A small black gem, floating on gossamer wings. Flitting and fluttering, till the summer’s end. – Ed Lehming
A member of the damselfly family, this ebony jewelwing floated from branch to branch around me for several minutes before finally settling on a leaf.
It required a slow and cautious approach to get within shooting range and I only managed a few shots before it took to the sky once more.
I really enjoy the way jewelwings float and flit, unlike dragonflies and their deliberate and rapid flight. The wings seem to be so pliable and ineffective but the random flight protects them from predators.
Nikon D800 Tamron SP AF 90mm f/2.8 Di Macro 1:1 (272ENII)@90mm 1/100 sec, f/5.0 ISO 200
“Fall colors are funny. They’re so bright and intense and beautiful. It’s like nature is trying to fill you up with color, to saturate you, so you can stockpile it before winter turns everything muted and dreary.” ― Siobhan Vivian
Today I started photographing fall colours a bit differently. Rather than the broad sweep of forests in full colour, I decided to look a bit closer at the branches that create this wonder. Using the black backdrop, I was able to isolate the branches and leaves to show off the finer details.
These leaves are natural, less than perfect, showing the wear and tear of a hot and dry summer. In fact, I’m quite amazed at the depth of colours this year. I would have thought that the heat stress would have made for a mostly brown and muted autumn, but nature has surprised me with a depth and range of colour I can’t recall seeing for years.
I’ll be spending the next few days sharing more recent images of my native trees in their autumn colours, until business travel pulls me away for a few days. But till then, I’m happy to be able to share this experience with you.
“If you take a flower in your hand and really look at it, it’s your world for a moment.” ― Georgia O’Keeffe
I’m continuing to enjoy these studio images. Isolating the flower against the black just keeps the attention on the flower. Even when composing the shot, I see shapes and textures I had not noticed before. I’ve also done a few more macro shots, which I will share at some point. It seems the deeper and closer I go the more incredible the shapes, colours, and textures are.
I can’t recall if I’ve used the Georgia O’Keefe quote before, but it is so true to me, especially when the flower is presented this way. I find myself drawn into that world and I love it.
This grouping shows the flowers at various stages of maturity, with the exception of bud and seed head. It’s been suggested I start using these images for gifts cards, which is what I already do with many of my images.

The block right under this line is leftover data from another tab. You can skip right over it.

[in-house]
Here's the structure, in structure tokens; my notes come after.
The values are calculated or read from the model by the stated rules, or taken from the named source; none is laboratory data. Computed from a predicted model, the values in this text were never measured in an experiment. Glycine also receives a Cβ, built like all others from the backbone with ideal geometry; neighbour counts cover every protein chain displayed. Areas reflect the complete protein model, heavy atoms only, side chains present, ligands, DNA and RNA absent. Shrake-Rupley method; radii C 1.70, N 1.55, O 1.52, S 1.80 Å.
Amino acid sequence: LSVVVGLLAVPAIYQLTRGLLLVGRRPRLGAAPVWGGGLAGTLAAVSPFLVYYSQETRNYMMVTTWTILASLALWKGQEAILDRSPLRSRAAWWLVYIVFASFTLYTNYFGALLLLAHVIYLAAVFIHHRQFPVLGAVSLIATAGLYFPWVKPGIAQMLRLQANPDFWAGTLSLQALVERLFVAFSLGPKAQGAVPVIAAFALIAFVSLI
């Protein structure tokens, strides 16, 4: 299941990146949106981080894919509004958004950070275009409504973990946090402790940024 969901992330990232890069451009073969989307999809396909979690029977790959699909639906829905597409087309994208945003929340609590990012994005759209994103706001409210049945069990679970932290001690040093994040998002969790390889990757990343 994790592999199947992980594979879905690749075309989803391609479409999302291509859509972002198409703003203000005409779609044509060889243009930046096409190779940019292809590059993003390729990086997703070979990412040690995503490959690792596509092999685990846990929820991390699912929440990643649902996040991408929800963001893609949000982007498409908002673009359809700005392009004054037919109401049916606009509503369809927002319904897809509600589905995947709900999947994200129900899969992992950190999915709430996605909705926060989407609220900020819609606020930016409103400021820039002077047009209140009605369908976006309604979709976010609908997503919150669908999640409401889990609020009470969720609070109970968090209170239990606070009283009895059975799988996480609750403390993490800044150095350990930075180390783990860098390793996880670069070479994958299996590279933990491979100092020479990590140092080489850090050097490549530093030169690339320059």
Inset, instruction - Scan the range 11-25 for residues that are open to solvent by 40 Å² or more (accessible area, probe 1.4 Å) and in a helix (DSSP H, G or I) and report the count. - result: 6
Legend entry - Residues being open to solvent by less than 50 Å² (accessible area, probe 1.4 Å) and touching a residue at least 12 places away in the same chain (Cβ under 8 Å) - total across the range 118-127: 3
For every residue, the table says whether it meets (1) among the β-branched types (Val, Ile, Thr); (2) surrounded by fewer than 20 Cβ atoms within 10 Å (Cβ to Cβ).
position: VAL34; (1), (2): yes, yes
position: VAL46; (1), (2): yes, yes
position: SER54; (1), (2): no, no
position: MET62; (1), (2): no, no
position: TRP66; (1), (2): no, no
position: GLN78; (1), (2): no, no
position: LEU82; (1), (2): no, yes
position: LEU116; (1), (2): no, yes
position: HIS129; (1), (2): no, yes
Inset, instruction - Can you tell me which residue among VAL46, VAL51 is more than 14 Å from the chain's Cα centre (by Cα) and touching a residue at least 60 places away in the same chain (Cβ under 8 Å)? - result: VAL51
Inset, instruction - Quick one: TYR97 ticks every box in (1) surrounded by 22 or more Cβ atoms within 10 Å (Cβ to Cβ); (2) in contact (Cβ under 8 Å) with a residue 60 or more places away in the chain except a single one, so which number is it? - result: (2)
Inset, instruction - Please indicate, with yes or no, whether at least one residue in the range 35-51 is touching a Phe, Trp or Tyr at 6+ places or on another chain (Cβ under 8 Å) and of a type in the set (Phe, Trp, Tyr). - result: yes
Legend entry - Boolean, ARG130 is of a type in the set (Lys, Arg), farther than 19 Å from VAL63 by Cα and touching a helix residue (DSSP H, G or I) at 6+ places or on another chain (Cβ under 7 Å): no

A revisit to what started as a beautiful mid August day at Sauble Beach this past August.
We had heard forecasts of rain all day, but the day started out sunny and windy. Since it was too windy for a good game of volleyball, we all headed to town for a bit to shop. Shortly thereafter, the clouds, which had been hanging far out on the lake started to roll in and thicken. From town, I could see the thin gray clouds start to thicken and take on strong structures and definition. So, I headed back to the cottage to retrieve my camera and head across the road to the beach.
This is what greeted me. A solid wall of black cloud with clearly defined shear zones. The wonder of Lake Huron is that it is so big and scenes like this may be taking place at a fairly long distance. As I stood and watched, a secondary dark cloud formed at the frontal boundary and began to roll like a wave against the other cloud at this ‘transition’ line. It was very dramatic and I was happy to be able to capture it while staying dry. This cloud movement went on for a long time over the water before it gradually moved to shore and started to rain. All the while, many people carried on watching the drama unfold in front of them and still swimming in the surf caused by the storm.
A few weeks ago, I had the pleasure of spending the weekend with family and friends at Ontario’s Sauble Beach, on Lake Huron. It began as a wonderful hot summer day splashing in the surf and playing hours of volleyball. The forecast was for thunderstorms late in the day. We watched across the water as the sky gradually darkened. The storm approached over the lake like a black wall, slowly creeping our way.
I took this as a wonderful opportunity to get some powerful storm photographs. As I stood on the shore making photos of the storm, I was struck by just how bright the circling seagulls were, in strong contrast to the dark skies.
This one kept circling me at just the right distance to make some good images. I’m really pleased at how it turned out. The biggest challenge was trying to keep him focused and framed properly.
Nikon D300 Nikor 70-300 mm @ 210 mm 1/60 sec @ f/10.0, ISO 450